If you love your garden, you’ll have to attract or buy some insects to give it everything it needs. Creepy crawlies isn’t everyone’s cup of tea and that’s understandable. What with all the eyes, limbs and flying abilities – they’re rather gross.
But it’s what your garden wants and having some insects flying around won’t be a bad thing in the long run. They get rid of the pesky garden pests for you. So, here’s what you need:
Ladybugs are still alright, aren’t they? Their colour and cuteness make up for the fact that they are still, well, beetles. You want them in your garden because they eat aphids, spider mites and whiteflies. And you don’t want aphids in your garden. They’re responsible for affecting your plant’s growth and fruit development by feeding off the plant’s juices.
Your lovely garden ladybugs can eat around 40 to 50 of these nasty aphids a day. And because they can lay up to a thousand eggs in a season, your garden will stay protected. Not to mention, the larvae can eat around 400 to 500 aphids in a period of two to three weeks, and there are a lot of them.
Ground beetles can help your garden out in the area of slug, caterpillar and cutworms extermination. Slugs feed on the leaves and seedlings, caterpillars destroy your leaves and make it known, and cutworms cut down plant stems.
Neither of these pests should be welcome in a thriving garden and if you want what’s best, then invest in a ground beetle-bank.
Bees and wasps
Not only do bees spread the love and pollinate your beautiful flowers, but they are also beneficial for pest control. They’re especially fruitful when it comes to pollinating your fruit and vegetable crops.
Unfortunately, domestic bee numbers are dwindling because of pesticides and lack of habitat. No one really welcomes bees into the environment for fear of getting stung. And it’s an understandable fear, especially if you are allergic to the bee sting. But they play a necessary and important part in the ecosystem and we should encourage their presence in our gardens at least.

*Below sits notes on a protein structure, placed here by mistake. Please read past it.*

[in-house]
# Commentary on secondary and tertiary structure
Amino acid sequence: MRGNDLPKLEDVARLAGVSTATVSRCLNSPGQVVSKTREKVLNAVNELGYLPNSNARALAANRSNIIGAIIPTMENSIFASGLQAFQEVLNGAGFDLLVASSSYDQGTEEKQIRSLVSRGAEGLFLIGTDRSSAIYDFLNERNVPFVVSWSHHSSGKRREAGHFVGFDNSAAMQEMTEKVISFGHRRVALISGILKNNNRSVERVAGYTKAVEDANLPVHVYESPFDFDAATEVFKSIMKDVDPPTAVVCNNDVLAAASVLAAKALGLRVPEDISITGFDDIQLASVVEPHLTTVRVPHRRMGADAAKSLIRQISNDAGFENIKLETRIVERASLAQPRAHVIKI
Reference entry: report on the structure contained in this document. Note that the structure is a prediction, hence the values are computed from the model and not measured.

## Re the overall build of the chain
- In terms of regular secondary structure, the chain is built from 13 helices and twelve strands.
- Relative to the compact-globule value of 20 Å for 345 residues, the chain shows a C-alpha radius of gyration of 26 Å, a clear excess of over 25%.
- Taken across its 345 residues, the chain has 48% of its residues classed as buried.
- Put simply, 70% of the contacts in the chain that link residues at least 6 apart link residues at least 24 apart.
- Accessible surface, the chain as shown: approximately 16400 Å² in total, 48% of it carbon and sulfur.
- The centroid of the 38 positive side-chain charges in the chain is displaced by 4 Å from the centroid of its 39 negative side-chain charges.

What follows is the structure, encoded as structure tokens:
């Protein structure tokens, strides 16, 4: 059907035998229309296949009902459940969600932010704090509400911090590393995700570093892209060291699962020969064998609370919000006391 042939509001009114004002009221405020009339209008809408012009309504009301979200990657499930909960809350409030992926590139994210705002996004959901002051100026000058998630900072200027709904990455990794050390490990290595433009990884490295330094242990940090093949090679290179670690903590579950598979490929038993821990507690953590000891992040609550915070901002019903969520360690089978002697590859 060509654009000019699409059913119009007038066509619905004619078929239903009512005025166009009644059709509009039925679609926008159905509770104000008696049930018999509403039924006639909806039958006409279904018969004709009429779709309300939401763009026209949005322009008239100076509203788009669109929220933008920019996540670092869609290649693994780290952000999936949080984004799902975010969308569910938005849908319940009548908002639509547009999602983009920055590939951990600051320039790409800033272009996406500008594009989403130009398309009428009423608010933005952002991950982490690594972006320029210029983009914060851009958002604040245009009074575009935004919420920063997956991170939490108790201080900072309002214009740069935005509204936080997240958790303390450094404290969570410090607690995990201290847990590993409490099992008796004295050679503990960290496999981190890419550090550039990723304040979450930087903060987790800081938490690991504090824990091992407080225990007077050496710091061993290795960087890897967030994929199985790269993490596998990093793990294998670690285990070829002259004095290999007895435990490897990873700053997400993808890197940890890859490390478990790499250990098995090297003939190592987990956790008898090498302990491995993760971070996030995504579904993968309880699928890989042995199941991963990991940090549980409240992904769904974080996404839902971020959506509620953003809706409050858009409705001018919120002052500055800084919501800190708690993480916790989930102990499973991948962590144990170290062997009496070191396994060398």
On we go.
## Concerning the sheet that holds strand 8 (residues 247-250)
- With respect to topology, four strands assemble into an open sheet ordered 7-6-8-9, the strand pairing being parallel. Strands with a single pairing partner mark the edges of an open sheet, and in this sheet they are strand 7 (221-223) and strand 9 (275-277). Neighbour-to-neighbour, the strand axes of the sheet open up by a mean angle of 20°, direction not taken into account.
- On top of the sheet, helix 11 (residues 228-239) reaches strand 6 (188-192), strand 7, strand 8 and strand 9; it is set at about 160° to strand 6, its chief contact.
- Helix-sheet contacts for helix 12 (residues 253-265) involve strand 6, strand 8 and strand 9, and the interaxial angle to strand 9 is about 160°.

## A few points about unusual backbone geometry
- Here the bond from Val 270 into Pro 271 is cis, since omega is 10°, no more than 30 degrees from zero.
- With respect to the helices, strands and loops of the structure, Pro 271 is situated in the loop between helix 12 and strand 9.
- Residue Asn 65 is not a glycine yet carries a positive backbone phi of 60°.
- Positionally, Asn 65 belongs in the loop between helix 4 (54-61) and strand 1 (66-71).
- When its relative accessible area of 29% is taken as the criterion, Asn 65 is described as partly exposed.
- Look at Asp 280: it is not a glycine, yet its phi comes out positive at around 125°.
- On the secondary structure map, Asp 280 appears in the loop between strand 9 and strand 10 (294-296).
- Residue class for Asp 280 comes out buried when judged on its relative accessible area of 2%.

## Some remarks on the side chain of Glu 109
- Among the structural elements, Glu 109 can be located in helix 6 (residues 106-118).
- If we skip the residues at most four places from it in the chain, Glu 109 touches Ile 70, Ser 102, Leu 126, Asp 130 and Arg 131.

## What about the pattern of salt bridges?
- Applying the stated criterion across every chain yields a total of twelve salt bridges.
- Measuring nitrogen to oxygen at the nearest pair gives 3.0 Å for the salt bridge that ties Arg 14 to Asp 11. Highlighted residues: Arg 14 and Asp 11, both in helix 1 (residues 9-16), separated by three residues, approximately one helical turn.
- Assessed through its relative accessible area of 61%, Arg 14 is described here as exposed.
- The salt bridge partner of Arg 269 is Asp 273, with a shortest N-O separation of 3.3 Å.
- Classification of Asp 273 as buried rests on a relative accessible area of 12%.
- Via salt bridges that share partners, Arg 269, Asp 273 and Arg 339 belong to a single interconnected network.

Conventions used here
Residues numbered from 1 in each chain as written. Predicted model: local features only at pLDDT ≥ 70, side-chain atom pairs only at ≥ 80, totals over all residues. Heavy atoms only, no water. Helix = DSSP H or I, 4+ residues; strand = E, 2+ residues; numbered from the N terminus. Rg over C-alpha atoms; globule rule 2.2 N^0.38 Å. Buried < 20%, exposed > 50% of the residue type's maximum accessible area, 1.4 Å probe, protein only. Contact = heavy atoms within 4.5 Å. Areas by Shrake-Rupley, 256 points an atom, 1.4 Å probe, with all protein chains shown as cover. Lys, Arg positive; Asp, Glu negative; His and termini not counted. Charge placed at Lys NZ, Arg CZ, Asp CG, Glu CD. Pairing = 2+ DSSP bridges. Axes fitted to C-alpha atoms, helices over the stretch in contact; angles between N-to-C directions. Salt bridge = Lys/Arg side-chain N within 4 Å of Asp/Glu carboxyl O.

Braconid Wasps will be able to help you out with caterpillars as well as aphids. What these wasps do is lay their eggs into a host insect (such as caterpillars, moths, beetle larvae, and aphid) so that the larvae feed on the insect, which will eventually die when larvae development is complete.
Tachinid Flies attack pests similarly to the Braconid Wasps, by laying their eggs inside the prey insect. Some of these insects include caterpillars and the more daring Tachinid Flies have even been known to attack spiders and centipedes.
Yes, flies are pests inside the house, but instead of killing them find a way to send them outside to clean the garden up.
Why you want them
Those are only a few of the insects your garden needs, but it all comes down to what they do and why you want them there.
- Pesticides: Chemical pesticides are not the best product to be spraying all over your home-grown crops. Not for your plants and definitely not for your personal health. By using nature to combat nature, everything stays organic and healthy.
- Keep the good bugs: When you use chemical pesticides, you need to realise that you’re not only getting rid of the bad bugs. There are poor unfortunate souls out there just wanting to do their part and help your garden out that you’re exterminating.
- Save money: Bugs are free. Unless you struggle to attract them and need to buy them, but generally they’re free. Chemical pesticides? Now they can be rather expensive. And what is the point in spending so much money and still not achieving the desired result?
- Need more than pesticides: So, not having to use pesticides is the main reason why you want to use friendly insects instead. They will always be able to prey on pests but pesticides won’t always prove effective. The Pesticide Action Network has said that a large number of insects have evolved with a resistance to pesticides. So you’re, basically, wasting your money anyway.
How to attract them
Now it’s all good and well that you know which insects your garden needs, but what do you need to plant to get them there?
- Ladybugs: Dill, dandelions and yellow fern-leaf
- Ground beetles: Evening primrose, amaranthus and clover
- Bees and wasps: Parsley, wild carrot, yarrow and yellow fern-leaf
- Tachinid Flies: Dill, parsley, sweet clover and herbs
Other things you can do for your garden to be more attractive?
- Build a pond
- Stay away from chemicals
- Create a compost heap
- Put in a compact table and bench set
Okay, so that last one is just for you to be able to sit outside and enjoy the beauty of your pest-free garden!